Submitted manuscripts should not have been published previously, nor be under consideration for publication elsewhere (except conference proceedings papers). All manuscripts are thoroughly refereed through a single-blind peer-review process. A guide for authors and other relevant information for submission of manuscripts is available on the Instructions for Authors page. Sustainability is an international peer-reviewed open access monthly journal published by MDPI.

Please visit the Instructions for Authors page before submitting a manuscript. The Article Processing Charge (APC) for publication in this open access journal is 1400 CHF (Swiss Francs). Submitted papers should be well formatted and use good English. Authors may use MDPI's English editing service prior to publication or during author revisions.

Keywords

  • Corporate social responsibility and construction industry
  • Cost benefit analysis and economic valuation
  • Eco-design of green projects
  • Energy and eco-labels of green projects
  • Environmental impact assessment of engineering projects
  • Environmental performance
  • Ethical investors and Equator principles
  • Green chemistry
  • Green economy and circular economy
  • Green entrepreneurship models
  • Resources vs. waste
  • Stakeholders awareness
  • Sustainable life cycle analysis of engineering projects

Published Papers (7 papers)

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Research

Open AccessArticle The Sustainability of Romanian SMEs and Their Involvement in the Circular Economy
Sustainability 2018, 10(8), 2761; https://doi.org/10.3390/su10082761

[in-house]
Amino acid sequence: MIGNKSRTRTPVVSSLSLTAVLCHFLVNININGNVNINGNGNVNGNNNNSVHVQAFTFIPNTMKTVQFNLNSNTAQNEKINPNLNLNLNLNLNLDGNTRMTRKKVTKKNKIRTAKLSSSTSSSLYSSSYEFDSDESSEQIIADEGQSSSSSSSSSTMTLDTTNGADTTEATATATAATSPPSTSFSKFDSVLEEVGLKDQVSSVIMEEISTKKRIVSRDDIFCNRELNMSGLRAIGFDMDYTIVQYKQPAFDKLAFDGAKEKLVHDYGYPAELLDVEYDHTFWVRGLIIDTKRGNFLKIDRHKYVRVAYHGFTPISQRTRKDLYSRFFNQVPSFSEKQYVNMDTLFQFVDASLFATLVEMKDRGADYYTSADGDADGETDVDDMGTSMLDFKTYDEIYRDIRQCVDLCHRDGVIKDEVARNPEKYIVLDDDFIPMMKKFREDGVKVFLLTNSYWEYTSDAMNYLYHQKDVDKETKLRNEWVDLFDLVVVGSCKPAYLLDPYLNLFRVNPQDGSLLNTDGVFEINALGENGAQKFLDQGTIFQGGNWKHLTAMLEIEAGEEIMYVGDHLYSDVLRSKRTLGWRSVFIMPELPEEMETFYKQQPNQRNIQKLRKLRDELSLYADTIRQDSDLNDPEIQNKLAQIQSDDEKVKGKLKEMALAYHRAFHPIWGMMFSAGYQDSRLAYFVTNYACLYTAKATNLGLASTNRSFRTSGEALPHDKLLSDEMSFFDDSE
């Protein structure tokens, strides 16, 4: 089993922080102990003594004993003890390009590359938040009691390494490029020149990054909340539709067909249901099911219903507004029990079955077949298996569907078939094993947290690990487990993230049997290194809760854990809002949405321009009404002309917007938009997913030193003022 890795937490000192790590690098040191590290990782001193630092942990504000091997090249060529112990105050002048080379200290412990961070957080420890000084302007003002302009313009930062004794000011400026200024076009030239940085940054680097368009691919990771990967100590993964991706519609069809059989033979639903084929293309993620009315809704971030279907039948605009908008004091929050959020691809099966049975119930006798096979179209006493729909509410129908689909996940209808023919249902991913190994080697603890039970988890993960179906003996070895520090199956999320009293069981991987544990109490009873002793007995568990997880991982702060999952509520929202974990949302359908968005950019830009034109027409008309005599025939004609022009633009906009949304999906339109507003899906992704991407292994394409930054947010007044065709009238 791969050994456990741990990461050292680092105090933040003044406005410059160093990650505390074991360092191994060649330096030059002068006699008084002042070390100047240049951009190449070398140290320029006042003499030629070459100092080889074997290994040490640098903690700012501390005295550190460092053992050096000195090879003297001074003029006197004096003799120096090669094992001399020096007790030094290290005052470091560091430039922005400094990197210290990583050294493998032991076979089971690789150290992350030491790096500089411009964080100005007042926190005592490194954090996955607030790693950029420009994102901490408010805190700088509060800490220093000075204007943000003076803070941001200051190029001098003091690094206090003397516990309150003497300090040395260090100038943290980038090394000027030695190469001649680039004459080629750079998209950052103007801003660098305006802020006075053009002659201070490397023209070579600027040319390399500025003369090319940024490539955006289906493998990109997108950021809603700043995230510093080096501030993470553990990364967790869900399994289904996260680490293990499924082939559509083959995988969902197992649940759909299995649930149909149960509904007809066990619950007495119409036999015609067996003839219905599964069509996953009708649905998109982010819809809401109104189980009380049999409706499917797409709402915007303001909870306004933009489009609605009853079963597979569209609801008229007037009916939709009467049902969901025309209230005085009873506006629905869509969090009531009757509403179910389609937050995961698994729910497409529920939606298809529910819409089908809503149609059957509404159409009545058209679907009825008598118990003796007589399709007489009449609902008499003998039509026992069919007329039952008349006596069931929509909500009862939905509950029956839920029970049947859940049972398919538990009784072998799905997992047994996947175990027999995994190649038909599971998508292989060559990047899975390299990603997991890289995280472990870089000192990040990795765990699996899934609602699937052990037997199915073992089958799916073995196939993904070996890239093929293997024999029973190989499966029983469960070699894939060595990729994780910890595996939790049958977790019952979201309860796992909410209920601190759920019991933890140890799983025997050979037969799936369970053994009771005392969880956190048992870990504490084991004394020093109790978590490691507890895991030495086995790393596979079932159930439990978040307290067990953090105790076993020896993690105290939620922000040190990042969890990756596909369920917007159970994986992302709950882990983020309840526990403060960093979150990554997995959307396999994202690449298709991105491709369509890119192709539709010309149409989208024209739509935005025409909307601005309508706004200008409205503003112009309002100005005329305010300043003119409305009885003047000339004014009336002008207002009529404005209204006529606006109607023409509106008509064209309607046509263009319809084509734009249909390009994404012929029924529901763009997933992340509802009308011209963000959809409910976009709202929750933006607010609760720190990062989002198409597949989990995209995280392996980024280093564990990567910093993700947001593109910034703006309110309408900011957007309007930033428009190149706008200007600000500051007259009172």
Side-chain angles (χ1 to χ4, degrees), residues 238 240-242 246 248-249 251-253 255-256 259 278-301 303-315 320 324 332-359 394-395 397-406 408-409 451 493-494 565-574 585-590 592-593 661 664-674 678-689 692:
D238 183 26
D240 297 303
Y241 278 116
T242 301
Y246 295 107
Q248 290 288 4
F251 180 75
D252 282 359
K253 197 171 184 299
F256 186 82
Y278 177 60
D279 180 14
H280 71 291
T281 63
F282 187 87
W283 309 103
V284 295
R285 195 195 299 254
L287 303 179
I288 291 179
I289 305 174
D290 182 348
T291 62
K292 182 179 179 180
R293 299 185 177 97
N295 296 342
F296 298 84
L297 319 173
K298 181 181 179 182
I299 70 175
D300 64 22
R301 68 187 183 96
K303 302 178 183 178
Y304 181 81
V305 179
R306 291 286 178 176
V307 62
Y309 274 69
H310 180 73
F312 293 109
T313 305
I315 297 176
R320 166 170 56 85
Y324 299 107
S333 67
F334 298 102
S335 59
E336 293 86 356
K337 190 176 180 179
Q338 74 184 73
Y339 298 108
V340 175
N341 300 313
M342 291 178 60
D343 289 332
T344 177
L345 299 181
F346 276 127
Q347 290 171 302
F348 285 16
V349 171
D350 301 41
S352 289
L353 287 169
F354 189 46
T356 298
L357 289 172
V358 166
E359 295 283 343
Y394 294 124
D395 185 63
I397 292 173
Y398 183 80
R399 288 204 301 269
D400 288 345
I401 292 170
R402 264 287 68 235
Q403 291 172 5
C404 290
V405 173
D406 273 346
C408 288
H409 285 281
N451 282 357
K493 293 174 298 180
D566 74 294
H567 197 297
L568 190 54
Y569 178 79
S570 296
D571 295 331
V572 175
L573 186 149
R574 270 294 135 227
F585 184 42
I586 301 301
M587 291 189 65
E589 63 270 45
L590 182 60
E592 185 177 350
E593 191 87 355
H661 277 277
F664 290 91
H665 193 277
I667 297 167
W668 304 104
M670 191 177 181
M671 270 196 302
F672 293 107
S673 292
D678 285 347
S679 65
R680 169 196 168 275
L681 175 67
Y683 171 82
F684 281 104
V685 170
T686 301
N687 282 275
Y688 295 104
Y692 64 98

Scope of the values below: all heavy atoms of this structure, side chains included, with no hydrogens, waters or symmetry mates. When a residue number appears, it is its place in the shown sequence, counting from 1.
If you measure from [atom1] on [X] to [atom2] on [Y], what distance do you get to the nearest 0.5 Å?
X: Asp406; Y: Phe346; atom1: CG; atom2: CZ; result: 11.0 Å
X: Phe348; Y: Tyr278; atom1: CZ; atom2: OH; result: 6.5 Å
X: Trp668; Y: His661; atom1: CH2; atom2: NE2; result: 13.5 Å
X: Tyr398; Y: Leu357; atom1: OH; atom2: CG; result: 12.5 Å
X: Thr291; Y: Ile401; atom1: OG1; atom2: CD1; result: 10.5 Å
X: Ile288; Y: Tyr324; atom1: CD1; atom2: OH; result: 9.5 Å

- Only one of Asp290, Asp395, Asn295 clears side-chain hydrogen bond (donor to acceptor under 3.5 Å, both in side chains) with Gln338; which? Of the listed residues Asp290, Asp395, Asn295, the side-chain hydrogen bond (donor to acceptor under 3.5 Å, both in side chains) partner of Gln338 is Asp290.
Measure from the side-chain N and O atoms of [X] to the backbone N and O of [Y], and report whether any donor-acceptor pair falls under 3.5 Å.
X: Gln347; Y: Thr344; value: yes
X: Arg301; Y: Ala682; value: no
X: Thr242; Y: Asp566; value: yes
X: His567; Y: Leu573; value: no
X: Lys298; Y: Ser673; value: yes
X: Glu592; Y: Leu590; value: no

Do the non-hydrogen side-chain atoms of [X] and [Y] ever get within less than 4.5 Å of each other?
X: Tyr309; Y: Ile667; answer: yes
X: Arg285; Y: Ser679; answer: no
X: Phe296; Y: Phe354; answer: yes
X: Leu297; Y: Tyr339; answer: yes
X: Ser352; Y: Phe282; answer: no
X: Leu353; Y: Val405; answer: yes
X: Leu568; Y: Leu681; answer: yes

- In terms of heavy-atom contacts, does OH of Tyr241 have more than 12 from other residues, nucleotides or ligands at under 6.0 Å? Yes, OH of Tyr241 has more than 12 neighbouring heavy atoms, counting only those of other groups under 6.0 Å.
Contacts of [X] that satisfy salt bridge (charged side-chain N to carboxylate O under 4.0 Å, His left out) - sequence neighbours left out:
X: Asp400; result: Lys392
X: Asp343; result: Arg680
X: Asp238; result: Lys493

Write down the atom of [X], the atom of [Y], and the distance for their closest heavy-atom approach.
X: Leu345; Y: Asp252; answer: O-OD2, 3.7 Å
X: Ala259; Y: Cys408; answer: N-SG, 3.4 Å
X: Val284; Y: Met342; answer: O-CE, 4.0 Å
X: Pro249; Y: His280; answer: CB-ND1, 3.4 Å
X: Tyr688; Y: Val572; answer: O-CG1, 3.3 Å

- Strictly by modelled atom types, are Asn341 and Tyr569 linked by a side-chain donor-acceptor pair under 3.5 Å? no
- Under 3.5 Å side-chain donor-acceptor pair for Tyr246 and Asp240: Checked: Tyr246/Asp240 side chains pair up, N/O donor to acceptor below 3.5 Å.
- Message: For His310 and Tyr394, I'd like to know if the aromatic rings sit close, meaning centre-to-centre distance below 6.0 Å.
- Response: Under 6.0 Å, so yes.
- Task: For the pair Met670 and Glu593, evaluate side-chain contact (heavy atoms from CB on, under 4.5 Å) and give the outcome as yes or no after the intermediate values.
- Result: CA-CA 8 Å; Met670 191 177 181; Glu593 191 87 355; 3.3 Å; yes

Received: 22 June 2018 / Revised: 24 July 2018 / Accepted: 1 August 2018 / Published: 4 August 2018
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Abstract
Sustainability involves extending the relational framework of SMEs outside the sphere of economic activity by justifying and legitimizing actions with a social impact on the environment. Links with the circular economy are achieved through the economic and environmental dimensions and through corporate social
[...] Read more.
Sustainability involves extending the relational framework of SMEs outside the sphere of economic activity by justifying and legitimizing actions with a social impact on the environment. Links with the circular economy are achieved through the economic and environmental dimensions and through corporate social responsibility as a component of sustainable development. The main purpose of the paper was to determine the level of involvement of Romanian SMEs in activities related to the circular economy. The sample survey conducted among SME managers offered the advantage of collecting a large amount of direct information on the activities undertaken, the size of the investments and the nature of the funding sources used over the last five years. In this descriptive research, the process of setting up a representative sample of 384 enterprises was carried out by random sampling. The major contributions of the research project are to outline the contribution of Romanian SMEs to the development of a sustainable economy through their involvement in specific activities, the size of the investments made, and the level of participation of representatives of the enterprises in courses in order to identify new sources of financing and positive solutions in order to implement the principles of the circular economy. Full article
(This article belongs to the Special Issue Circular Economy, Ethical Funds, and Engineering Projects)
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Open AccessArticle Diffusion of Corporate Philanthropy in Social and Political Network Environments: Evidence from China
Sustainability 2018, 10(6), 1897; https://doi.org/10.3390/su10061897
Received: 5 April 2018 / Revised: 8 May 2018 / Accepted: 28 May 2018 / Published: 6 June 2018
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Abstract
Based on the strong influence social networks have on managerial decision-making, as an important aspect of the strategic decision of the company, it is necessary to study how corporate social responsibility (CSR) actions could be affected by social networks. An analysis of 1725